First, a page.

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Everything posted by jnclelland

  1. What's the nutritional breakdown? (I'm thinking calories/protein/fat/carbs.) Thanks! Jeanne
  2. Pam for Grilling doesn't contain soy, and it's the only cooking spray I've found that doesn't. Olive oil and canola oil are good for vegetable oil, and coconut oil is nice for some things. Earth Balance has just come out with a soy-free spread that's really good - I just got some yesterday and I'm doing a happy dance! Jeanne
  3. Yup - dairy and soy reliably give me a rash that sets in about 36 hours after I eat them. Jeanne
  4. I realized I needed to eliminate soy about a year after eliminating gluten and dairy. The good news is that soy really did seem to be the last piece of the puzzle for me; I've been fine for over 4 years now as long as I stay away from those three things! Jeanne
  5. The only cooking spray I've found without soy lecithin is Pam for Grilling. But it's gluten/dairy/soy-free (knock on wood that it stays that way!) and works fine for an all-purpose cooking spray. Jeanne
  6. Butter is tough, no doubt about it. It kind of depends on what you're using it for. I use olive oil for a lot of things (sauteeing, flavoring vegetables), and I also really like coconut oil, especially on toast. But I must admit that I haven't found anything else that really tastes like butter; I've just found other things to use instead. Jeanne
  7. I think I just read in the local paper that Sunflower closed, which is a real bummer. Laudisio is good (Italian - with gluten-free breadsticks even!), but the service can be remarkably slow for such a high-end place. Beau Jo's pizza has good gluten-free pizza. My favorite restaurant in town is Restaurant 4580, in the way north part of town; a substantial portion of their menu is gluten-free and clearly marked on the main menu, and it's all fabulous. I don't actually eat out all that much, but Boulder is very gluten-free friendly. I hope you have a great trip! Jeanne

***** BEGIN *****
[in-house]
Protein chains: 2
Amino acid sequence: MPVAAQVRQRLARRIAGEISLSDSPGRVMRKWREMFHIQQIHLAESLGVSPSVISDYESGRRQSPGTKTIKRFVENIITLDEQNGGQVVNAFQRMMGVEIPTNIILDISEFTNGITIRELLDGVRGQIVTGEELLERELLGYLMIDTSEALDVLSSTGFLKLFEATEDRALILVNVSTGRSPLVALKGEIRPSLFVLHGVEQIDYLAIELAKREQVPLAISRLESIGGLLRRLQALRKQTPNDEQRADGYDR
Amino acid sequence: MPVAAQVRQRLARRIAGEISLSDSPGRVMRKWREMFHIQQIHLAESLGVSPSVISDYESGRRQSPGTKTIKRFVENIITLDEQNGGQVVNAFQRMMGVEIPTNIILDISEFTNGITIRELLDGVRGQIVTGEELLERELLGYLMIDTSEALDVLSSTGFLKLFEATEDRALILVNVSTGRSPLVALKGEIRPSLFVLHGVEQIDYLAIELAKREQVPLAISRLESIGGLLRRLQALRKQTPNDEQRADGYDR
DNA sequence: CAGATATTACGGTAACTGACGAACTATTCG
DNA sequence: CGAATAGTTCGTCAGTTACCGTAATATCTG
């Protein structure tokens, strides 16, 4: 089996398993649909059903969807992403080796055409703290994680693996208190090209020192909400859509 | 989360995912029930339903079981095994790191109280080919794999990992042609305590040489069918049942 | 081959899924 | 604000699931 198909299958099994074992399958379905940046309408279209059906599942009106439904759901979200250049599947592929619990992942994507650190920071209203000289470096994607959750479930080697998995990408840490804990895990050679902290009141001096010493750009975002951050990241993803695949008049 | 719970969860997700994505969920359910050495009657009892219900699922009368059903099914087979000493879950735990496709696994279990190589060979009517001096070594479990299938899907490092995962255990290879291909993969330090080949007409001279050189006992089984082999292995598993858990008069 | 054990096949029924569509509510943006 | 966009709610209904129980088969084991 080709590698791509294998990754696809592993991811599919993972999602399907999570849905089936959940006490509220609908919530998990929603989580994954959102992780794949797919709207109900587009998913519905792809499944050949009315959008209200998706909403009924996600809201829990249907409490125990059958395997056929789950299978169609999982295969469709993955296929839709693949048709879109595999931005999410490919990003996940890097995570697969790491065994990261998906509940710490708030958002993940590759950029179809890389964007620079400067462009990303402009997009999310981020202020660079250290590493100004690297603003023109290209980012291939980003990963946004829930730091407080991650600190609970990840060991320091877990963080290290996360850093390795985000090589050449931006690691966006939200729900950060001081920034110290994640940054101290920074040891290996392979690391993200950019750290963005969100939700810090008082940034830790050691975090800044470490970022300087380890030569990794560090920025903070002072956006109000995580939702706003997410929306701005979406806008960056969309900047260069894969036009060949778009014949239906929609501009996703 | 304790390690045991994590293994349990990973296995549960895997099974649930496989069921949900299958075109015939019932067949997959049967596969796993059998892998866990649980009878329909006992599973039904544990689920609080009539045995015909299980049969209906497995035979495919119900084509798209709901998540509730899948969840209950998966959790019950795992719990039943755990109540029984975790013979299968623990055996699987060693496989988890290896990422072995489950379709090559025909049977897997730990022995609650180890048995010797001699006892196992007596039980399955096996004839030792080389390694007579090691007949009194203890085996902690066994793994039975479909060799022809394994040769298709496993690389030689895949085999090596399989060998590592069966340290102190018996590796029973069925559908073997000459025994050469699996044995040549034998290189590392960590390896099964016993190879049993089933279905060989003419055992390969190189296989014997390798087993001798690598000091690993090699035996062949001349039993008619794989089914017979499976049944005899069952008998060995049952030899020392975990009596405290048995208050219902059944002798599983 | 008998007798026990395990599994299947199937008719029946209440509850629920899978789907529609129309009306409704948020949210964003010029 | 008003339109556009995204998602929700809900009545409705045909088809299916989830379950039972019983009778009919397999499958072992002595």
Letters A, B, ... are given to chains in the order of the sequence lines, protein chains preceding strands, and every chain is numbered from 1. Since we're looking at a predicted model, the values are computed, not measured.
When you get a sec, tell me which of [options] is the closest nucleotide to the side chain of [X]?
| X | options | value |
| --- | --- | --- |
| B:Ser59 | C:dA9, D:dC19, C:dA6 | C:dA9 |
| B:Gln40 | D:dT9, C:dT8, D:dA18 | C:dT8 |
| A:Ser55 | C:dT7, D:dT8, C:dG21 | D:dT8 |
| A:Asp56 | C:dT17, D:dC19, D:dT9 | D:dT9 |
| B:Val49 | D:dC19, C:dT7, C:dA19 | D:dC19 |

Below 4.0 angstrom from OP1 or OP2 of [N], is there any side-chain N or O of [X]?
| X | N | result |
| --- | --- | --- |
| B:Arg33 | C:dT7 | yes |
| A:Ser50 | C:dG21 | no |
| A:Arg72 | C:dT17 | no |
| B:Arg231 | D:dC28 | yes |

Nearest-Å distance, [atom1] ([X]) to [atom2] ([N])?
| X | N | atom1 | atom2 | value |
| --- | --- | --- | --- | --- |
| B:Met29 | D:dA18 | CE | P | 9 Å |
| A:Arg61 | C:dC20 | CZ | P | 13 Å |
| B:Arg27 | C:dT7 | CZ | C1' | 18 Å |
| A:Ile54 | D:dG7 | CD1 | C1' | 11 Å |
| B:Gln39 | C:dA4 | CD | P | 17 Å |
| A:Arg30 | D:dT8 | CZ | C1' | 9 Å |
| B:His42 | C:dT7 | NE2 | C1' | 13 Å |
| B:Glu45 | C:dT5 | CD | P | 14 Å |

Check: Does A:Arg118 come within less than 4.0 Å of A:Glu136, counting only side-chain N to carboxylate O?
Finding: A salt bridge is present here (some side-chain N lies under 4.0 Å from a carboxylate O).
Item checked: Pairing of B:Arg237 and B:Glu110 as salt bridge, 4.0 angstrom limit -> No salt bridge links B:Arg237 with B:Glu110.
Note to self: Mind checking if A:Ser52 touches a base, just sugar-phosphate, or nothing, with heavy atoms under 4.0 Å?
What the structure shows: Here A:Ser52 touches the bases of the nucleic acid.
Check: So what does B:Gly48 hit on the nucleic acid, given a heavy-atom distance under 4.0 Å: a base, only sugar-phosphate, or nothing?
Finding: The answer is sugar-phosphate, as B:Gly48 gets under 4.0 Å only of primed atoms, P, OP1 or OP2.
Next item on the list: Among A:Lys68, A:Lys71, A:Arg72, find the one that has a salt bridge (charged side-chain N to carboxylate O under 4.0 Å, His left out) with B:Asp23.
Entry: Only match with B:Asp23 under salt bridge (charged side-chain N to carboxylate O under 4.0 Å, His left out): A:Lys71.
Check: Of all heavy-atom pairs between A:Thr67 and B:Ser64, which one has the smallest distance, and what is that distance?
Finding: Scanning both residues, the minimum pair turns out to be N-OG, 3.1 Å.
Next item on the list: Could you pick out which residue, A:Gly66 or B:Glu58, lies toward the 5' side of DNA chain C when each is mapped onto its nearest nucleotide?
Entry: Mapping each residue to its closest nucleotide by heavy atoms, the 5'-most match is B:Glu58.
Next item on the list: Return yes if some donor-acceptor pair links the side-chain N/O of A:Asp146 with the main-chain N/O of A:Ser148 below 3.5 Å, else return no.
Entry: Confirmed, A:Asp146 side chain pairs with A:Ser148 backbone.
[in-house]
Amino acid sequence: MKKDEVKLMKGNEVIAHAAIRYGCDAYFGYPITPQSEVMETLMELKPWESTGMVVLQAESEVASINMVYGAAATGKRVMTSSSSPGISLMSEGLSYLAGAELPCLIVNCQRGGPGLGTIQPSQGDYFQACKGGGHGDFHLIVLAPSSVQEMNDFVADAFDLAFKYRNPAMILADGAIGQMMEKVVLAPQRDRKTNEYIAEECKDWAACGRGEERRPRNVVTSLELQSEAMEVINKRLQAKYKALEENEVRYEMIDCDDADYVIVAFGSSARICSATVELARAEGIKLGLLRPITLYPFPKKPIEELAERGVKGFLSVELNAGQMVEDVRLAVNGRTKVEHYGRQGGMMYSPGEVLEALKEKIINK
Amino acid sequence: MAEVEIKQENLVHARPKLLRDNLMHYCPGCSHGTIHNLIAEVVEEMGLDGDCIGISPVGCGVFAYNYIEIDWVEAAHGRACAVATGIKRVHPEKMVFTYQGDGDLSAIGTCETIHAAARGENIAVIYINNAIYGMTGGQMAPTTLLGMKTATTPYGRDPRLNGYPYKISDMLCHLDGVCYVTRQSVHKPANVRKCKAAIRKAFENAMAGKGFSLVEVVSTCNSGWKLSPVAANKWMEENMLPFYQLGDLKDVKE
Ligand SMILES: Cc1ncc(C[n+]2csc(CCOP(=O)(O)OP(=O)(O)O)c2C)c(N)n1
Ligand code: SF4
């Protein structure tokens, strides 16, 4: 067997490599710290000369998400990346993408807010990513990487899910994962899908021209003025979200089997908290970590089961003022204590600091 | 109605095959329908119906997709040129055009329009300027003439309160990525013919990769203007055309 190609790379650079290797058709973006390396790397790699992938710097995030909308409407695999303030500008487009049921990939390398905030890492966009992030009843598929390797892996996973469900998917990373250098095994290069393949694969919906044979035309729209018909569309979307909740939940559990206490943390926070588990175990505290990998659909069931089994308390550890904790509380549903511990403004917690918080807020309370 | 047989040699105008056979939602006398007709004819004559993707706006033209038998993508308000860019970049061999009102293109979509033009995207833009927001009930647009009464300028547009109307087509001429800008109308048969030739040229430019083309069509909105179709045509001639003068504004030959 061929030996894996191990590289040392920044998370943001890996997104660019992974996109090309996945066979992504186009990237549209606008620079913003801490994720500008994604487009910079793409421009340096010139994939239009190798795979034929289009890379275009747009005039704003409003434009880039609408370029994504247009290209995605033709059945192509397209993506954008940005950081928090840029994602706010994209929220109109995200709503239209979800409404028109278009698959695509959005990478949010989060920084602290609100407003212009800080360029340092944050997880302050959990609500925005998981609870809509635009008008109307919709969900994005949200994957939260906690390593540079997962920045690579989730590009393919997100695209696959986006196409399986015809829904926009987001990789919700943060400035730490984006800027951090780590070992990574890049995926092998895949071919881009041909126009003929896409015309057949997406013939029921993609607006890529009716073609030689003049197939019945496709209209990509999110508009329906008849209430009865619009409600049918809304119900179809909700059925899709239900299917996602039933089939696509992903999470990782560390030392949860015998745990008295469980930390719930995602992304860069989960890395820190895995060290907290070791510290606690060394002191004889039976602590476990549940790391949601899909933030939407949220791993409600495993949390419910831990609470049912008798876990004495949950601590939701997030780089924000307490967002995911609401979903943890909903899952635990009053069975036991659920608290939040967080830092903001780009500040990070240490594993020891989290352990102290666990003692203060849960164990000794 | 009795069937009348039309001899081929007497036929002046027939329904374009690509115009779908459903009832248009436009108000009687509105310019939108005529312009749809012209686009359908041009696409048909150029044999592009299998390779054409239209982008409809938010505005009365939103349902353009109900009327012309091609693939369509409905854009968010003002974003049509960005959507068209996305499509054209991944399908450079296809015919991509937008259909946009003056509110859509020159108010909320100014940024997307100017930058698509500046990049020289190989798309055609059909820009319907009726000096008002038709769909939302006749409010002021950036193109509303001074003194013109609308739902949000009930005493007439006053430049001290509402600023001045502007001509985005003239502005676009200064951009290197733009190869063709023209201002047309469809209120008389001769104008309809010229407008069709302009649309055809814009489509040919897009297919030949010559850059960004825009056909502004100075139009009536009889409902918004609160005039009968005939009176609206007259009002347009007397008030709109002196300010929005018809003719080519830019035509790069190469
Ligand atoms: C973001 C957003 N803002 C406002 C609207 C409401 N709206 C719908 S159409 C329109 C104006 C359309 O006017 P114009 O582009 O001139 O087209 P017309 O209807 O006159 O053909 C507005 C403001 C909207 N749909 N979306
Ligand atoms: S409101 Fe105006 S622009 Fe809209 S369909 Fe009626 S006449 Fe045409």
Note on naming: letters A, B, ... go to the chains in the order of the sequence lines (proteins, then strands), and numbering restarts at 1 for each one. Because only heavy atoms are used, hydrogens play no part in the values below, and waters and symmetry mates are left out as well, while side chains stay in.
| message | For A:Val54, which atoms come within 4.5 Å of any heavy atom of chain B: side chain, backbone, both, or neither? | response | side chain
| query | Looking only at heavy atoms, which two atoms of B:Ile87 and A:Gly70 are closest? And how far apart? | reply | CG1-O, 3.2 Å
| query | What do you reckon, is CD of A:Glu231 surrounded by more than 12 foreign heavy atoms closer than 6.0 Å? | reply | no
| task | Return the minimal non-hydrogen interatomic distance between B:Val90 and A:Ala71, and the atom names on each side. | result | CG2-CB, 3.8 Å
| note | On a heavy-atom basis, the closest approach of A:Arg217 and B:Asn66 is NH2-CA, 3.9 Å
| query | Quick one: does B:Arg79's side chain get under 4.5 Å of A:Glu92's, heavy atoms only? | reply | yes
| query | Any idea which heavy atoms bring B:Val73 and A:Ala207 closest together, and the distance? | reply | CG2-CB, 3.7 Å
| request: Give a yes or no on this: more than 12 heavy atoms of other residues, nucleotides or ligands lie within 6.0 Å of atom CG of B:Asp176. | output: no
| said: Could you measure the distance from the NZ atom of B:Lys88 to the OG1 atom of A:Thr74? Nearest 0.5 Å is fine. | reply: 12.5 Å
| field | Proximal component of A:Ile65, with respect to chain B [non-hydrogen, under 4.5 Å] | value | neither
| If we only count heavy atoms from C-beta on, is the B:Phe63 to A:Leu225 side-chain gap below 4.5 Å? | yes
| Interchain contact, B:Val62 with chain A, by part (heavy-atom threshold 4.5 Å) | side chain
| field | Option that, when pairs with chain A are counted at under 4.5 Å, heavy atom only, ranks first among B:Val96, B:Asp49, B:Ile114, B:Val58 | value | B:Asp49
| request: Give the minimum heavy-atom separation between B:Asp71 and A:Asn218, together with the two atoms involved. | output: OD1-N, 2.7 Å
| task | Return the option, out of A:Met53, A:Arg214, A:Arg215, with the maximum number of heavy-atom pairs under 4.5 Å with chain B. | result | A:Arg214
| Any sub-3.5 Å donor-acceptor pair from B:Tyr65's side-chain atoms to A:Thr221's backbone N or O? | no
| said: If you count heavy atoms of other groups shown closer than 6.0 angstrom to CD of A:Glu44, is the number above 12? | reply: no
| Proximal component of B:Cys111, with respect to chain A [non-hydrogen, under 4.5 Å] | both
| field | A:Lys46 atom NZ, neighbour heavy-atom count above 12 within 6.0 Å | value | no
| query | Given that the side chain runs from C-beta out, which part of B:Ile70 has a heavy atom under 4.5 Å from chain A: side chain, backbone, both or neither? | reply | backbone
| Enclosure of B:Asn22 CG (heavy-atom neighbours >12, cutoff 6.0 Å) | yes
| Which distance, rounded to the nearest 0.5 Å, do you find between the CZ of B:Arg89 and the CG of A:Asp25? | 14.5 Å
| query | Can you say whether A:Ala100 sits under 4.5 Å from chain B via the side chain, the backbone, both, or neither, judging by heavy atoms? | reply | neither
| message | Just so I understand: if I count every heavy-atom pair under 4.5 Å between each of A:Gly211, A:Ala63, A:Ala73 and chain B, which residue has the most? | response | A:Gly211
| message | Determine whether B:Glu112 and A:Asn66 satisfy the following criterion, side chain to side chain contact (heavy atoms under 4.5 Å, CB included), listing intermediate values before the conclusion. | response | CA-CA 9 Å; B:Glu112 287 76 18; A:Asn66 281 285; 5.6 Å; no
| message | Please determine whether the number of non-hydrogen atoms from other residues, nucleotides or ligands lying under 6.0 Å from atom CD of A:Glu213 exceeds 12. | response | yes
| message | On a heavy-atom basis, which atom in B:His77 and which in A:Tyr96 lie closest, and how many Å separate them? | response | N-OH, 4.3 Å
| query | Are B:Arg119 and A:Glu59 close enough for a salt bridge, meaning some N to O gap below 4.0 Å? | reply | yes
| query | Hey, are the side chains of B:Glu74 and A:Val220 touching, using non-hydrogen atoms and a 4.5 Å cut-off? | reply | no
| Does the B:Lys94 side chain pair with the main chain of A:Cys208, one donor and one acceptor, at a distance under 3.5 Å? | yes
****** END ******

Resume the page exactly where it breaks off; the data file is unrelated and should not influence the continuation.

8. I use Lactaid for my occasional dairy cheats; it prevents bloating and gas, but not the rash that I get the next day (presumably from casein). Jeanne
  9. Yup, I get face and finger rashes from dairy, and I assume it's the casein. Jeanne
  10. Yeah, I can't imagine WHAT Living Harvest what thinking with the new recipe! Try Pacific - it's WAY yummy for lattes. Jeanne
  11. Some Celestial Seasonings teas contain barley, so I wouldn't be surprised if there were CC. (A lot of them also contain soy lecithin, which is a problem for me. Someone tell me WHY tea would need soy lecithin???) Jeanne
  12. I used Living Harvest daily for ages and never had a gluten problem with it. Jeanne P.S. - Where did you find an old box? I loved the old stuff - the new stuff, not so much! Now I use Pacific brand hemp milk; it tastes like Living Harvest used to taste, and I completely trust them as far as gluten goes.
  13. Second that! Just be aware that different brands vary GREATLY in taste, so if you don't like one, try some others. The only one I like right now is Pacific brand, but it's FANTASTIC!! (Living Harvest used to be good, but they changed their recipe and changed their name to "tempt," and I don't like the new version much.) Jeanne
  14. If you're going to be in the north part of town (or don't mind driving or taking the bus up there), my favorite restaurant is Restaurant 4580 at the corner of Broadway & Yarmouth. A large percentage of their menu is gluten-free; they even have fantastic gluten-free table bread, and all the food is just wonderful! Their menu is online at http://www.restaurant4580.com/ if you want to check it out. Jeanne
  15. My MIL has something like this going on in her knee, and her doc says it's pseudo-gout. (I don't know if that helps, but I thought it was worth mentioning.) Good luck figuring it out! Jeanne
  16. P.S. - And yeah, I didn't like Hemp Dream either.